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Note: my application is way more complicated but I'm stripping anything that is not required to focus on the core of the problem. That (simplified) application let the user edit data about items, for exemple add a random number of companies to it, each one qualified (manufacturer, distributor, wholesaller, etc).

That item object looks like this:

{   // item
    Name: "name",
    CreationDate: "some date",
    // etc...
    Companies: [{ 
        Type: "Manufacturer",
        Company: {
            ID: "some random id",
            Name: "name of the company"
            // other bunch of stuff
        // other bunch of stuff
        }, { 
        Type: "Distributor",
        Company: {
            ID: "some other random id",
            Name: "name of an other company"
            // other bunch of stuff
        // other bunch of stuff
    // other bunch of stuff

In my angularjs application I have various $resource objects factories (for exemple, Companies, Items). Those factories are injected in controllers (CompaniesController, ItemsController, ...) that are responsible for the edition of every object.

Now, when I'm editing an item (that I manually created in the database) I get that item as a resource object (which was expected) and all the item's companies as an array of object.

I'm also getting with a different call all the available companies as an array of resource objects (also expected).

Note that, the structure of the company object is exactly the same in both cases (as they are, in fact, the same objects).

My problem is that the item's categories are plain JS objects and in no way linked or mapped to the corresponding angularsjs resources so when I'm trying to edit an existing linked company, angular does not find it. It seems logical as on one hand I have a "basic" js object and on the other hand a $resource object.

The edition on the page is actually made with one free text field for the type of the company, and a dropdown list (select) with all the companies. I first tried using the ng-options on the select, then worked around it with the following :

<select name="ddlc_01" id="ddlc-01"> 
    <option value="">-- Choose --</option>
    <option ng-selected="company.ID == editedCompany.Company.ID" ng-repeat="company in companies" value="{{company.ID}}">{{company.Name}}</option>

But I'd rather not hack it that way.

So is there a way to "link" or "attach" a js object to a matching $resource object ? Or am I stuck with the hack because the problem does not rely with angularjs but rather with the way the javascript engine compares objects ?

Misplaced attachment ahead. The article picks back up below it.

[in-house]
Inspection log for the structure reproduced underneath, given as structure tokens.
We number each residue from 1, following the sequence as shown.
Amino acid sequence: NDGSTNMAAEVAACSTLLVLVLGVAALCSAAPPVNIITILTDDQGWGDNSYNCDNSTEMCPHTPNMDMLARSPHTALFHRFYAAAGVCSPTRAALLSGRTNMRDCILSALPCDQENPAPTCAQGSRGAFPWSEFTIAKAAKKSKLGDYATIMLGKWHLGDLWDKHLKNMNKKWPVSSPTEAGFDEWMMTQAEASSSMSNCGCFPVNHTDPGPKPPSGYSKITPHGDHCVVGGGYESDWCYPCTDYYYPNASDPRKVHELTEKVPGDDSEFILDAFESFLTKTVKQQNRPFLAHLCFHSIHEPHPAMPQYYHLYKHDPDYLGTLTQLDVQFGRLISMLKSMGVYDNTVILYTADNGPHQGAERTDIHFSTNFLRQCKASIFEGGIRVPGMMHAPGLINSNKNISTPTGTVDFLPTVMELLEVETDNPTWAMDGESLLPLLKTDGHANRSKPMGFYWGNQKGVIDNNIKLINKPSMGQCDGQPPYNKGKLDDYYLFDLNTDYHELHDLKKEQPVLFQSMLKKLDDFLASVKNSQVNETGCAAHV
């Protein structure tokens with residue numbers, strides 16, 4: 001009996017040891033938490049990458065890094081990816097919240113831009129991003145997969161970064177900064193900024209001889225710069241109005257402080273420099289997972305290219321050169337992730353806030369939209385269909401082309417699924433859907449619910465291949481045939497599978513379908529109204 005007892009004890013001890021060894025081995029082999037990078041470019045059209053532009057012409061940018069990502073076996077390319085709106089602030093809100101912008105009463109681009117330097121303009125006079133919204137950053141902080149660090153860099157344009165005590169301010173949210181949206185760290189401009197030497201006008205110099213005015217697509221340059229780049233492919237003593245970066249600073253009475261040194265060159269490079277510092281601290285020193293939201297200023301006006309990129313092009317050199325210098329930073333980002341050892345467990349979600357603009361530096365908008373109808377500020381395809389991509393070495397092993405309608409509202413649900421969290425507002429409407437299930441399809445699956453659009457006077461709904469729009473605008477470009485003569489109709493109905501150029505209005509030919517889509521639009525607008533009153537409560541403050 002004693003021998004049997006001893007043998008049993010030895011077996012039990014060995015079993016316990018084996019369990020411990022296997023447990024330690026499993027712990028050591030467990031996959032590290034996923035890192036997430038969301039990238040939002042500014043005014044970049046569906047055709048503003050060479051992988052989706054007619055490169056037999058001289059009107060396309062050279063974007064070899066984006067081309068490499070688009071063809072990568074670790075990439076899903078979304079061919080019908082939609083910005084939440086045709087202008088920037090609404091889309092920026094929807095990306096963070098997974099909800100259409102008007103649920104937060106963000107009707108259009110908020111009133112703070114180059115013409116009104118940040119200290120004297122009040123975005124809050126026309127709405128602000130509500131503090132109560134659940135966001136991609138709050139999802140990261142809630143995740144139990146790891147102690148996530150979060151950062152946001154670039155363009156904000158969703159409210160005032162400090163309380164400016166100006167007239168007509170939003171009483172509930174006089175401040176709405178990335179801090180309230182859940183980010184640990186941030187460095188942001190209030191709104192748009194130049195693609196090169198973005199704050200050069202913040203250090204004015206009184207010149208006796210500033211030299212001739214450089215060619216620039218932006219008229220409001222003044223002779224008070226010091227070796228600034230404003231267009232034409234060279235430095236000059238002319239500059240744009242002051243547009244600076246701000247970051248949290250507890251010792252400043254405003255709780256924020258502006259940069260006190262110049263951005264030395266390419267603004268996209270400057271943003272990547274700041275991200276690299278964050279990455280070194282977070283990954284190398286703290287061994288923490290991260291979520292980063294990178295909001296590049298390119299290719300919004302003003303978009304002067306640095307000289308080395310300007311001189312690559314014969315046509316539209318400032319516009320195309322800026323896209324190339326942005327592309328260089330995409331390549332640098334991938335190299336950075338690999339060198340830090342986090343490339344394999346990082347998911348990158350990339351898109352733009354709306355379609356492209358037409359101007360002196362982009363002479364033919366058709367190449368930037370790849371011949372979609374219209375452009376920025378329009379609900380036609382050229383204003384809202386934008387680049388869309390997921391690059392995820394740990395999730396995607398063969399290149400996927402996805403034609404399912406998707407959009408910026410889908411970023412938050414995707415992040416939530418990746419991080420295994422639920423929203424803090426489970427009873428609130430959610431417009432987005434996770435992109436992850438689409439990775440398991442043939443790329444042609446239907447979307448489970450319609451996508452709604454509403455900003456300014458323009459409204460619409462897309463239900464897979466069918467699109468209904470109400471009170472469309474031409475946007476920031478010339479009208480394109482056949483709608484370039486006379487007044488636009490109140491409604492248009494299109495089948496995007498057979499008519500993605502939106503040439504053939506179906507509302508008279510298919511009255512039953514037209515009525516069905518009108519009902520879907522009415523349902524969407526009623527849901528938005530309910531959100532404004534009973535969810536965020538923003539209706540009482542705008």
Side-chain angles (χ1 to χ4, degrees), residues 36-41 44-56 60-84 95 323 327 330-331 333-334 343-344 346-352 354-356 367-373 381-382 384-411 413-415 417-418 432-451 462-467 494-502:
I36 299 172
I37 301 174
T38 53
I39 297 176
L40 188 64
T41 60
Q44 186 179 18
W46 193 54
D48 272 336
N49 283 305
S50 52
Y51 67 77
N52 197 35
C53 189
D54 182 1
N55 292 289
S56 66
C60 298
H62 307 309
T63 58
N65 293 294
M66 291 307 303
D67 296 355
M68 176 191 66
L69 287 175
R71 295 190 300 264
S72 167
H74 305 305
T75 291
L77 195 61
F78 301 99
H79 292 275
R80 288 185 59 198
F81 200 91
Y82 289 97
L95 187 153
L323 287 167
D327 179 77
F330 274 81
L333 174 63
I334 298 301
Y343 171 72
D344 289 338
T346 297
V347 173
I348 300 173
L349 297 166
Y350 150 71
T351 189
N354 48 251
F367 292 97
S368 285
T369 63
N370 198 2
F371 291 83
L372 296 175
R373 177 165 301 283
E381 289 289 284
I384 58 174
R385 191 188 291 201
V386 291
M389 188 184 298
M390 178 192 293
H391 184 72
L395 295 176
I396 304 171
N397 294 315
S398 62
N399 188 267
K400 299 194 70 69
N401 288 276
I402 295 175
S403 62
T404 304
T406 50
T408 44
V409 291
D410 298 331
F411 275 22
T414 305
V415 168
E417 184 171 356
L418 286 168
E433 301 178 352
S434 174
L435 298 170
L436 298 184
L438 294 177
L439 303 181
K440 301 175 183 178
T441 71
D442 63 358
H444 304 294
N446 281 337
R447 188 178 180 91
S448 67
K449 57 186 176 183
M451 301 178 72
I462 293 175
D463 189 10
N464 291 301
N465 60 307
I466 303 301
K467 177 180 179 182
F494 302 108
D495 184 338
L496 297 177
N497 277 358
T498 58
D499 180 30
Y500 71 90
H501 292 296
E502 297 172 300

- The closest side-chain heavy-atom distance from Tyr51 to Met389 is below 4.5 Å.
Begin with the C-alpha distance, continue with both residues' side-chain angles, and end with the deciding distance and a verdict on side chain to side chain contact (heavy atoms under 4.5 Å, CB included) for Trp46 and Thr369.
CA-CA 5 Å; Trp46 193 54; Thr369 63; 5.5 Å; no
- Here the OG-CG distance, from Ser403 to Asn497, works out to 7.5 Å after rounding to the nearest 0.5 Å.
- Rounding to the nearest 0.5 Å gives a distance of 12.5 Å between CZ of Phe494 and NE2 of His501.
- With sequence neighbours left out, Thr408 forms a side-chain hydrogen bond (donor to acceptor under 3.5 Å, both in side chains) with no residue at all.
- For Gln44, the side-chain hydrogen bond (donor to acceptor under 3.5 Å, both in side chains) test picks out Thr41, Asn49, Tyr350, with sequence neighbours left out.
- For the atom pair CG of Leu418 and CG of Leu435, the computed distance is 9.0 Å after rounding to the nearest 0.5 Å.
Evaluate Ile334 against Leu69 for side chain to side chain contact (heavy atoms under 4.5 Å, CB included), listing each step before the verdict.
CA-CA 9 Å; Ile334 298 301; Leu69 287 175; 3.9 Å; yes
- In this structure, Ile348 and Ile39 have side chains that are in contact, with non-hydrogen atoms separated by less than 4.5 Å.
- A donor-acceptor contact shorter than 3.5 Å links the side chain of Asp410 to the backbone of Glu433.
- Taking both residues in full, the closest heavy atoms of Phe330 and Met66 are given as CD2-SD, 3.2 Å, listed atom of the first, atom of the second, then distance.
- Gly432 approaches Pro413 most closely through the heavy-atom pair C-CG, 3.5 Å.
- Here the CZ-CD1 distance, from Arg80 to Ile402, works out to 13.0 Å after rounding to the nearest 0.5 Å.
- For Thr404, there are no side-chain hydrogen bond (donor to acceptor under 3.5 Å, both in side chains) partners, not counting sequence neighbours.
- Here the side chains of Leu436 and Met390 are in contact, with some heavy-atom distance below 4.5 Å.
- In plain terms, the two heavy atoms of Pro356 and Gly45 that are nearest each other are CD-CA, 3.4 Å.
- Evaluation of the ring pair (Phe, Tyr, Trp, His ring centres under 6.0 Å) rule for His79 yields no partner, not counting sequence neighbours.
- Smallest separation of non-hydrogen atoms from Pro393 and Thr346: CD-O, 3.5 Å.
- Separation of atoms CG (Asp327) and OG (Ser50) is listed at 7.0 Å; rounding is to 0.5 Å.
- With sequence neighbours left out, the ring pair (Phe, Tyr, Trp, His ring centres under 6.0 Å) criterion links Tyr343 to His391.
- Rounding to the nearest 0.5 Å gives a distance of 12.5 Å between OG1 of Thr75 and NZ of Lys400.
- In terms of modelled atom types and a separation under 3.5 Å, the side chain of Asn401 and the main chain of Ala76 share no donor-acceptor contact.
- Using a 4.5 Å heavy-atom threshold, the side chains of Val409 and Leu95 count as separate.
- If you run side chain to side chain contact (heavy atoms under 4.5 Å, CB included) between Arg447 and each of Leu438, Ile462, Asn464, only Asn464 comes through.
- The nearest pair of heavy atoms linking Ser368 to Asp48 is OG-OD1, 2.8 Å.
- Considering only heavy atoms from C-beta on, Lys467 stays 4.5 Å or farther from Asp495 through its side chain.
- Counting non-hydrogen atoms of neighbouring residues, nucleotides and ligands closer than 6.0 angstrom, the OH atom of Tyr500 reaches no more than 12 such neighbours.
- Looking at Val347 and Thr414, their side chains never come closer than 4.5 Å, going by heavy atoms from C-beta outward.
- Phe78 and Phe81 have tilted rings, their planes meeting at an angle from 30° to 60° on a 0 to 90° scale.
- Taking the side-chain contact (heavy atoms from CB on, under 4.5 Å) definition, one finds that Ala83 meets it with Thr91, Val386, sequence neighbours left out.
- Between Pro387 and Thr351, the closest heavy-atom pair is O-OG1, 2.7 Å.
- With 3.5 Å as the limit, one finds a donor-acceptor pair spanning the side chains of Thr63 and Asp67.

I have tried to take all the item's companies and replace them with:

var item = Items.get({ verb: $routeParams.ID }, function (result) {
    var newComps = [];
    for (var i = 0; i < item.Companies.length; i++) {
        var ct = item.Companies[i];
        ct.Company = new Companies(ct.Company);

but as much as it became a $resource object, it still don't match the one from the Companies request.

Another option I've been considering, but not tried yet, would be to "chain" the requests and, based on the objects ID (a field of my objects), search the matching resources from Companies and replace them with those objects. What I don't like with that option is that it will increase the loading and building time of the page as there is actually already 4 calls to various methods of the apis to populate everything.

Any thoughts, suggestions or answers to the question appreciated :)

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1 Answer 1

up vote 0 down vote accepted

OK so I actually did solve it that way :

  1. created a counter to get hold of the request currently not answered
  2. added a function 'asyncCallback' passed to every Object.query()
  3. in that method, decrement the counter.
  4. if the counter is equal to 0, search the item companies and replace them with their "true" value

It allowed me to avoid the chaining of asynchronous calls while keeping the same level of flexibility (if not higher). Also, if need would arise, it could be easily tranformed to freeze the zones not yet "rebinded" so that the user can't make a bad choice in the UI.

Because I struggled a bit with it (and the documentation didn't seemed as crystal clear as I'd wish), here is the select I used:

<select ng-options="c as c.Name for c in companies" ng-model="editedCompany.Company"> 
    <option>-- Choose --</option>

which means that I'm using c.Name as a representation of the company, but its value is actually the company itself (don't trust the value, it's just a fake one to allow angular to handle it).

Feel free to suggest ideas or raise any concerns or mistake I might have overlook, or provide a new answer tho !

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